Out of this conditional perception, not only new primary value systems are formed but also it causes change or evolution to culture, as and when new needs arise, and any means or resources become available. This theory of conditional perception, thus, I think, quite rightly explains the definition and evolutionary process of culture. As for study in greater detail, please refer to Tibetan book on culture, 'General Cultural Concept & Brief Introduction of Tibetan Culture' I have written a few years back.

The activity of culture could be physical, verbal or mental activity that follow a cultural value system. Unlike normal or ordinary human behaviours, they are based upon and directed by value system that are socially accepted. Physical activity is physical action that follow a cultural system, while implementing them. Verbal activity is chiefly teaching on the value system, besides any verbal activity that comes associated while implementing the value system. Mental activity are mental activities or thoughts or reflections that require to be applied during the implementation of cultural value system. Strictly speaking, educating upon value system, however, follow another cultural value system.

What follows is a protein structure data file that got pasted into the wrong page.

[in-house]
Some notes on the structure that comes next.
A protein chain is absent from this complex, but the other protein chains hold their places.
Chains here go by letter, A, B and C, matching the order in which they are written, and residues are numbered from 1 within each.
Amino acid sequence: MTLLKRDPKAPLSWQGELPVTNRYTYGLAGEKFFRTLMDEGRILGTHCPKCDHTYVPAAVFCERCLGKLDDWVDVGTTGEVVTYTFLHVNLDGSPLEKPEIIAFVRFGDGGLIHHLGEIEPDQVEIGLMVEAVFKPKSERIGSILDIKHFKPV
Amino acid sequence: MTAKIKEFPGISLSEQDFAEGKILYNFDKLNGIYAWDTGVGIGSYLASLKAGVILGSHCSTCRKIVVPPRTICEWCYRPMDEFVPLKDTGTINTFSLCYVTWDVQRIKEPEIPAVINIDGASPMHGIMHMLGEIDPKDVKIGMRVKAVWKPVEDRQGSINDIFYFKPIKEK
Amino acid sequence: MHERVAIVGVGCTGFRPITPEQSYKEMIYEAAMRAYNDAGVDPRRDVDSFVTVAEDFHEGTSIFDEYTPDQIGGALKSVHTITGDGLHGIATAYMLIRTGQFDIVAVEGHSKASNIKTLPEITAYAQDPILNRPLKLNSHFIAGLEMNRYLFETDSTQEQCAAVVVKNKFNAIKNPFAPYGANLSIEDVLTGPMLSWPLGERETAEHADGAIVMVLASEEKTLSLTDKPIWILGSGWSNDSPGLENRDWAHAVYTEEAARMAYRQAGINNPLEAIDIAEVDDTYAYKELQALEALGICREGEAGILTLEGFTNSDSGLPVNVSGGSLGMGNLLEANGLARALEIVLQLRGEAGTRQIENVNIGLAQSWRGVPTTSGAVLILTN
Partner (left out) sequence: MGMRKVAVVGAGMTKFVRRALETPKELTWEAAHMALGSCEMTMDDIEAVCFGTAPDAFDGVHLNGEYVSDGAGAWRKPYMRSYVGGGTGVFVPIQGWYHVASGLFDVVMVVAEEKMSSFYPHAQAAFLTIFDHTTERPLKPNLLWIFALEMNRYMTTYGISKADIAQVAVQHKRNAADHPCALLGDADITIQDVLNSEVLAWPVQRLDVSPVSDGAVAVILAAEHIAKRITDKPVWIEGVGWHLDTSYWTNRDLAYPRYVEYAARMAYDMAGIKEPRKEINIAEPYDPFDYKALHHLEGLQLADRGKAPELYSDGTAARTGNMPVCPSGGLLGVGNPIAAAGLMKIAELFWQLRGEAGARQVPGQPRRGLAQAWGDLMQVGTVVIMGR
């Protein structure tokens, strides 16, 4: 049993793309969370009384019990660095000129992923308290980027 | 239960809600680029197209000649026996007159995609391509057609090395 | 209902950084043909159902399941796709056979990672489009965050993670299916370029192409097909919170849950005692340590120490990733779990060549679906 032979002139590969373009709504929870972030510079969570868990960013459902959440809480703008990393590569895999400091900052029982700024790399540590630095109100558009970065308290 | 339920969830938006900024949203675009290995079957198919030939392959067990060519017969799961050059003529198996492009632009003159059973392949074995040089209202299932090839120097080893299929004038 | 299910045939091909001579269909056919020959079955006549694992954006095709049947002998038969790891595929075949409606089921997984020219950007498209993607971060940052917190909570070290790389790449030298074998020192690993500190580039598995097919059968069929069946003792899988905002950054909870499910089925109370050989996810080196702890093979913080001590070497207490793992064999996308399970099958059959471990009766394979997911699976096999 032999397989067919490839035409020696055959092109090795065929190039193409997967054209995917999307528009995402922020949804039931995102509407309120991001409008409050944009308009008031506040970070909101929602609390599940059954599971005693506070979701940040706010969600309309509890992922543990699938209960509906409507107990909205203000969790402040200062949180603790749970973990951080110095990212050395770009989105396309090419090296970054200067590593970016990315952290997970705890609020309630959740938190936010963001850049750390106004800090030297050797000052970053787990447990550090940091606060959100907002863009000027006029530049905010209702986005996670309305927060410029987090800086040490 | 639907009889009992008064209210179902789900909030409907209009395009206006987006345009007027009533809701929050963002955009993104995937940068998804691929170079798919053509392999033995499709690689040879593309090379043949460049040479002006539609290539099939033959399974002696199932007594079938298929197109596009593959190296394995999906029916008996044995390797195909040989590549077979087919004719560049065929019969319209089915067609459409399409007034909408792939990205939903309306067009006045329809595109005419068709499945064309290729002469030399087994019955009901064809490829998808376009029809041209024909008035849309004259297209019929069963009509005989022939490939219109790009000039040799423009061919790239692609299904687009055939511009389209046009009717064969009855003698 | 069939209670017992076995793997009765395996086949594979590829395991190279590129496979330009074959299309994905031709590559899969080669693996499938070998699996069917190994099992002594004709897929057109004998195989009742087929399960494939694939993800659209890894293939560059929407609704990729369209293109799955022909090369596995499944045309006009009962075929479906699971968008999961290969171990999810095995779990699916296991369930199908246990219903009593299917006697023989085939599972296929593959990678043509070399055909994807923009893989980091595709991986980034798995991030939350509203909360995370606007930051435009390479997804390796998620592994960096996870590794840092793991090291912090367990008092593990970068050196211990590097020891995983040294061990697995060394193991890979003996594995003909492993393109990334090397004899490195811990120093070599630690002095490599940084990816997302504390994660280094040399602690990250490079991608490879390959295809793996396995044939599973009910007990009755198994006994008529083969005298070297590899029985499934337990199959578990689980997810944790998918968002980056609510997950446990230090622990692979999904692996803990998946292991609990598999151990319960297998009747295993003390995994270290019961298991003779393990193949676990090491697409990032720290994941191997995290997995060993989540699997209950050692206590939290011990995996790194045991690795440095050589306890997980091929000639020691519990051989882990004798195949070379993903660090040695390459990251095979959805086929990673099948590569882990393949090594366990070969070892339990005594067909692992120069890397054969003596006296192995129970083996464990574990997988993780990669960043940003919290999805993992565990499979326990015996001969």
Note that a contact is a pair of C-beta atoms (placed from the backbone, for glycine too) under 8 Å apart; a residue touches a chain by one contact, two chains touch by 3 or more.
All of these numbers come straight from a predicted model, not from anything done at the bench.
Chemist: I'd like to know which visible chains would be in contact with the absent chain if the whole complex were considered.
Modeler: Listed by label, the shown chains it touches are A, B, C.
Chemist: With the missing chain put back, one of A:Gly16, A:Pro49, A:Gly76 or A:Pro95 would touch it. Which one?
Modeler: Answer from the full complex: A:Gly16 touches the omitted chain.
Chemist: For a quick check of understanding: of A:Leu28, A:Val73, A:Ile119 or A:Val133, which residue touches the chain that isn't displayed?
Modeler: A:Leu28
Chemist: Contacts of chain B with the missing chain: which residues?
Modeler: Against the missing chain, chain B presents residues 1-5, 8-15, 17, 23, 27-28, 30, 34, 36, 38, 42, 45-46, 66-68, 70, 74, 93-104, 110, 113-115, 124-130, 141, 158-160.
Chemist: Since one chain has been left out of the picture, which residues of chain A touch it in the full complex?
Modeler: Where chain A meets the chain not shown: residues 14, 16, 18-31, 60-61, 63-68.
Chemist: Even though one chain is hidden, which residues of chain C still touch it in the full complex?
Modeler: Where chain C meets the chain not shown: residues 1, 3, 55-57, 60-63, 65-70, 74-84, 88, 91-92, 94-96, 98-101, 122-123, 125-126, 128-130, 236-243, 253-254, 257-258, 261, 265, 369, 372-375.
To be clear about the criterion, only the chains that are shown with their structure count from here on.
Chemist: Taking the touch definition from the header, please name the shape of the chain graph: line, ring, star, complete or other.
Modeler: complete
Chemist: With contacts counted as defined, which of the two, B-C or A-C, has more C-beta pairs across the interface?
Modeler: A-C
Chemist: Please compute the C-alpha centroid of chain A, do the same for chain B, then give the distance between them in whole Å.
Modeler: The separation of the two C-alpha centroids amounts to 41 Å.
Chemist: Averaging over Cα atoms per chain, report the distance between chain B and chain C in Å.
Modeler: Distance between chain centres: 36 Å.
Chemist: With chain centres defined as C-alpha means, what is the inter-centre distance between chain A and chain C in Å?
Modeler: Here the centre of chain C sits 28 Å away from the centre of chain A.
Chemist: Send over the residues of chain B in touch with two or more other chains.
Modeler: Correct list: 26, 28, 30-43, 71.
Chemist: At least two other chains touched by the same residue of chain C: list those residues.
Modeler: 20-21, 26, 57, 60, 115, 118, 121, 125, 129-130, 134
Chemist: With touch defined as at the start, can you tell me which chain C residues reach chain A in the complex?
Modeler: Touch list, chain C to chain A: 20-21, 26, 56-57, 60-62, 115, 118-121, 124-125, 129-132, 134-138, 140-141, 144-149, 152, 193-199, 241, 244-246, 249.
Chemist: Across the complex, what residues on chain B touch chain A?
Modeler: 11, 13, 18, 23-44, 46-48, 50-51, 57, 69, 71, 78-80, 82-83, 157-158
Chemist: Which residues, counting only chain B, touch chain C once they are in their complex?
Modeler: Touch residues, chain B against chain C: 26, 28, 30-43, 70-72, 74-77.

As for an example of cultural activity, in a mechanical work, we engage ourselves, after learning the value system, by applying the knowledge physically besides mentally, although verbal relevant activity is not present at that time. But during a concert, more verbal and mental activity is required than physical ones. The activity of culture point to the agent-oriented and living aspects of culture. In their absence, a cultural value system remains unimplemented, and obviously no outcomes result.